The interior of the restaurant is almost diner-esque with just a hint of art-deco Hollywood kitsch. There is window seating, counter seating and a few tables towards the back with high stalls. The kitchen is Right There; open to the customers with the pass aglow. Aishling’s team of chefs work with a quiet focus that doesn’t take itself too seriously, but the plates are very seriously good. At the pass, Aishling inspects every dish, adding final garnish flourishes and a last meticulous clean of the plates, and then they are gone and delivered with a studied efficiently to your table in seconds. The dish comes with a spoken guide, and whatever question you may have about the food, its provenance or even what to drink with and why are all questions deftly handled with ease. The whole vibe is relaxed, welcoming; and every now and again in a moment of quiet time, Aishling herself steps out from behind the pass to come and say Hi, find out how your doing, and answer any more questions you might have while singing the Gospel According to Day Boats. It is all simply brilliant.
Finally, let’s talk about
I met Aishling nearly two years ago during an interview where someone else was the focus. After that initial interview was over, I sat and chatted to Aishling for a good while, and quickly realised that she was someone to keep a beady eye out for. She was working in Elbow Lane at the time, mastering the grills at this fire only restaurant, and really finding her stride. She had spent her apprenticeship studying Culinary Arts at Cork Institute of Technology (CIT), and had earned stripes working beside strong, talented female chefs Pamela Kelly at Market Lane and Kate Lawlor, the one time proprietor of the now sadly lost to us Fenn’s Quay. We bumped into each other a few times after that: at Food on the Edge in Galway and so on. And then in August earlier this year there was a very unpretentious post on her Instagram story that she was starting a new project and was looking for team members in the kitchen and front of house. Immediately, I got the tingles because it could only mean one thing: Aishling was finally opening a restaurant of her own.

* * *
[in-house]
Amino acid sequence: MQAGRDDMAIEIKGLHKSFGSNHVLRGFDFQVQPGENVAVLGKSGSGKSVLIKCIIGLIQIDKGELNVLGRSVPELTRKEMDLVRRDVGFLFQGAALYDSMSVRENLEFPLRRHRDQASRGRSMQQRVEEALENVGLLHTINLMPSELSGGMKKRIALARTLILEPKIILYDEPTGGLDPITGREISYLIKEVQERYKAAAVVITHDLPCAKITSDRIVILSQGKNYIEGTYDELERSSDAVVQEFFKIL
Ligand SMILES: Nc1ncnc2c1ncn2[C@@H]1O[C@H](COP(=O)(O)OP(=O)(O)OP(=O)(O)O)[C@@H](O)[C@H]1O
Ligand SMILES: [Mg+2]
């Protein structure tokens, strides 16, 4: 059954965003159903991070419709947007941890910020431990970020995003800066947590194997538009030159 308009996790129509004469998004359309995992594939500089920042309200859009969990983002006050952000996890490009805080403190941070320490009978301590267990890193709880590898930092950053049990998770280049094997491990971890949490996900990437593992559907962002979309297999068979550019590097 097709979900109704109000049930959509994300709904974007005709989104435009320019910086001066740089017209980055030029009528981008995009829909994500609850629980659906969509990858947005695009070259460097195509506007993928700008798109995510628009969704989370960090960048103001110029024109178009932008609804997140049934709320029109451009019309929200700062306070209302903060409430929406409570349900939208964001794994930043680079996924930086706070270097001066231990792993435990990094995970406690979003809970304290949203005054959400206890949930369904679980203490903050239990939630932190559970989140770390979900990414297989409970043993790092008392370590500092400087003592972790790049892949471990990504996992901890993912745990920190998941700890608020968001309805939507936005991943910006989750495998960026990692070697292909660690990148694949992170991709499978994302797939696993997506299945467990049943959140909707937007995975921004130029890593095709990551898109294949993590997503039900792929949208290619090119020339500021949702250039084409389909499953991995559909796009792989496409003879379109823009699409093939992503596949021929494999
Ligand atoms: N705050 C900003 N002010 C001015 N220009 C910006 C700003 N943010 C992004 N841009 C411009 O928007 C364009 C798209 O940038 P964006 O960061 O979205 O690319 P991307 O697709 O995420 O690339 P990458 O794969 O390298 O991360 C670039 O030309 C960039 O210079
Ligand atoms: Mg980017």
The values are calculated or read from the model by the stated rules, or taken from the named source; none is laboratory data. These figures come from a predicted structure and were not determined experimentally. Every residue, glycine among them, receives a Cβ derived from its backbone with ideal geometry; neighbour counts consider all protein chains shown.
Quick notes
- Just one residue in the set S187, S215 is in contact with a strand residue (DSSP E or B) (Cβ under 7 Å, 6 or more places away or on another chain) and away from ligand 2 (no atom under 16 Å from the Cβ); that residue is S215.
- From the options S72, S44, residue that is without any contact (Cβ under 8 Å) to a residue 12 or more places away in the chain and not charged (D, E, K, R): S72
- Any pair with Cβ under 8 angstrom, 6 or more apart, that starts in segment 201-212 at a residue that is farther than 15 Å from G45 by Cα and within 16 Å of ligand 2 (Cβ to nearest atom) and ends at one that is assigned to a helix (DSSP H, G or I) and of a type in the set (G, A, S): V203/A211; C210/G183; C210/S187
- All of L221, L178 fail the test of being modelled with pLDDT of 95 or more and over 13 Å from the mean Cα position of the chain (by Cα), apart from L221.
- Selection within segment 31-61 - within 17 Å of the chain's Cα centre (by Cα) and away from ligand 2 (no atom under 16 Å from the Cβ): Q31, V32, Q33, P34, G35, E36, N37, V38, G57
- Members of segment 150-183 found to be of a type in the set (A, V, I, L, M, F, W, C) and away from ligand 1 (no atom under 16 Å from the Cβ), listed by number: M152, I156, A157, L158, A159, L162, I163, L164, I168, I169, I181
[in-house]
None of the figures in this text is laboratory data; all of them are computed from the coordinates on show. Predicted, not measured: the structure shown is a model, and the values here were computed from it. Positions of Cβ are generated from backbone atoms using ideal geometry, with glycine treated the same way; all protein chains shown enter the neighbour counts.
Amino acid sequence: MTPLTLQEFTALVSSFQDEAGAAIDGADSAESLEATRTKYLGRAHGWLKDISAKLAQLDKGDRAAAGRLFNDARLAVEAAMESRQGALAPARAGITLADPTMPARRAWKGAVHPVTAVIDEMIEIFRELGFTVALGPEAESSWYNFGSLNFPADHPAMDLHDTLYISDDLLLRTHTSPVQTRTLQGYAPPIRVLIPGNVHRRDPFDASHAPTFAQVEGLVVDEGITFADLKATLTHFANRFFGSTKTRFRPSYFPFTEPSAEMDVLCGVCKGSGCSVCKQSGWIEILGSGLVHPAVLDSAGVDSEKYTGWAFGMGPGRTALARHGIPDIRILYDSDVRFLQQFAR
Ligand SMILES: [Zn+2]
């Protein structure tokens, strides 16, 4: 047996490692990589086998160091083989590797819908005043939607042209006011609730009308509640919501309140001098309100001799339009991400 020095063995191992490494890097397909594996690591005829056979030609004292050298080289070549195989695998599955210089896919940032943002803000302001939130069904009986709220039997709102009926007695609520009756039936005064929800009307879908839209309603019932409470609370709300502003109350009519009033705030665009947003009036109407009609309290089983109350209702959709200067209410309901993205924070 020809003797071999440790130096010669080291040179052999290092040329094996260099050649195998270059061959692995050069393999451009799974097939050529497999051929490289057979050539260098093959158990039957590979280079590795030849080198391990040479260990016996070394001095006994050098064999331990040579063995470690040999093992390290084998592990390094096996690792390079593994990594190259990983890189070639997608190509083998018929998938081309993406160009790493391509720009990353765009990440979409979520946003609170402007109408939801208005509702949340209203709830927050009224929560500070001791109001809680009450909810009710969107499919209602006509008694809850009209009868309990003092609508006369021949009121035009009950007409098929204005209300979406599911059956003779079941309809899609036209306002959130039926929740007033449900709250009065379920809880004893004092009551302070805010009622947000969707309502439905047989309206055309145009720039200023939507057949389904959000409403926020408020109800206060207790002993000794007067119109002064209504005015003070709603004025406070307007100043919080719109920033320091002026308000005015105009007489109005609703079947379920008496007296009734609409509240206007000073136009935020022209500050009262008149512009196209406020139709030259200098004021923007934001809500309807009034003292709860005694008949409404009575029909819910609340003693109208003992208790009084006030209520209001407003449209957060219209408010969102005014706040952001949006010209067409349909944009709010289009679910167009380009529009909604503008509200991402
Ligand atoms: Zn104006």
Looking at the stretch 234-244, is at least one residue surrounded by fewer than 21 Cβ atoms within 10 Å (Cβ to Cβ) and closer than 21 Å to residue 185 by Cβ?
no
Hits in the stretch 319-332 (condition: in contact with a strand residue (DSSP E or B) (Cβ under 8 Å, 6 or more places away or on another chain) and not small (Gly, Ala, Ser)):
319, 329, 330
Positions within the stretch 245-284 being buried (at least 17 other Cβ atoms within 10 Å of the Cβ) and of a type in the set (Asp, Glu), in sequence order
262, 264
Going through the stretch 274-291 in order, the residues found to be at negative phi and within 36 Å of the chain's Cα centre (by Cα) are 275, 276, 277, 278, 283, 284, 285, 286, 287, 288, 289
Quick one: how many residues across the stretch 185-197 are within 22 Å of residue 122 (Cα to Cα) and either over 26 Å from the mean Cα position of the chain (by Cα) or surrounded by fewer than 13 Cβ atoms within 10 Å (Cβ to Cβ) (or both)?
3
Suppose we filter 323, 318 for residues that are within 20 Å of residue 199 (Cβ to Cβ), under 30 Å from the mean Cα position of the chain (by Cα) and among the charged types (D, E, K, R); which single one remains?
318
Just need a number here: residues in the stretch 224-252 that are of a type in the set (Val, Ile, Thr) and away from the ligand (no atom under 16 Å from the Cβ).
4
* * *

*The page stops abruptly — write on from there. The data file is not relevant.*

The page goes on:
To open a restaurant that just specialises in Fish is a risky business, but Ireland as a whole are finally starting to shake off the negative emotions towards fish, largely as a cultural and social hangover from the time of An Gorta Mhór: when there was nothing else to eat, eat fish. Along with Oysters, Mussels, the rise in popularity and quantity of high end Fish and Chip shops/restaurants and a newly embraced fascination of seaweed and other sea vegetables, we are learning to love fish again. It is our most abundant wild food source, but it is also our most precious, so it makes huge sense from a sustainability point of view that, if we are to start giving fish a more important role in our diets, replacing meat a few times a week, then we shouldn’t make the same mistakes as meat and only cherish the most popular fillets, cuts or species. Goldie does that by looking at the fish as a whole and then turning on the creativity to decide how to use every single part of it; embrace the seasonality of this migratory food source and take pressure off fish stocks but giving equal credence to all fish and seafood, not just the premier and most favoured.
I love what this restaurant is doing; and I love what Aishling and her merry cohort of chefs, front of house staff headed up by the ever smiling Jerry, and beer sommeliers have created. Being part of the wonderfully diverse Market Lane Group, (encompassing: Market Lane, Elbow Lane Restaurant and Brewhouse, Orso and the Castle Cafe in Blackrock), Goldie Fish & Ale is yet another very exciting addition but still with that unmistakable friendly and welcoming MLG touch.
And, without a shadow of a doubt, keep an eye on one young lady in particular. At only 25 years old, Aishling Moore is going to become a name that you will start to hear more and more often. She is already a gift to the culinary scene of Cork city, and one that will no doubt continue to develop both skill and creativity – and that is a very exciting prospect indeed.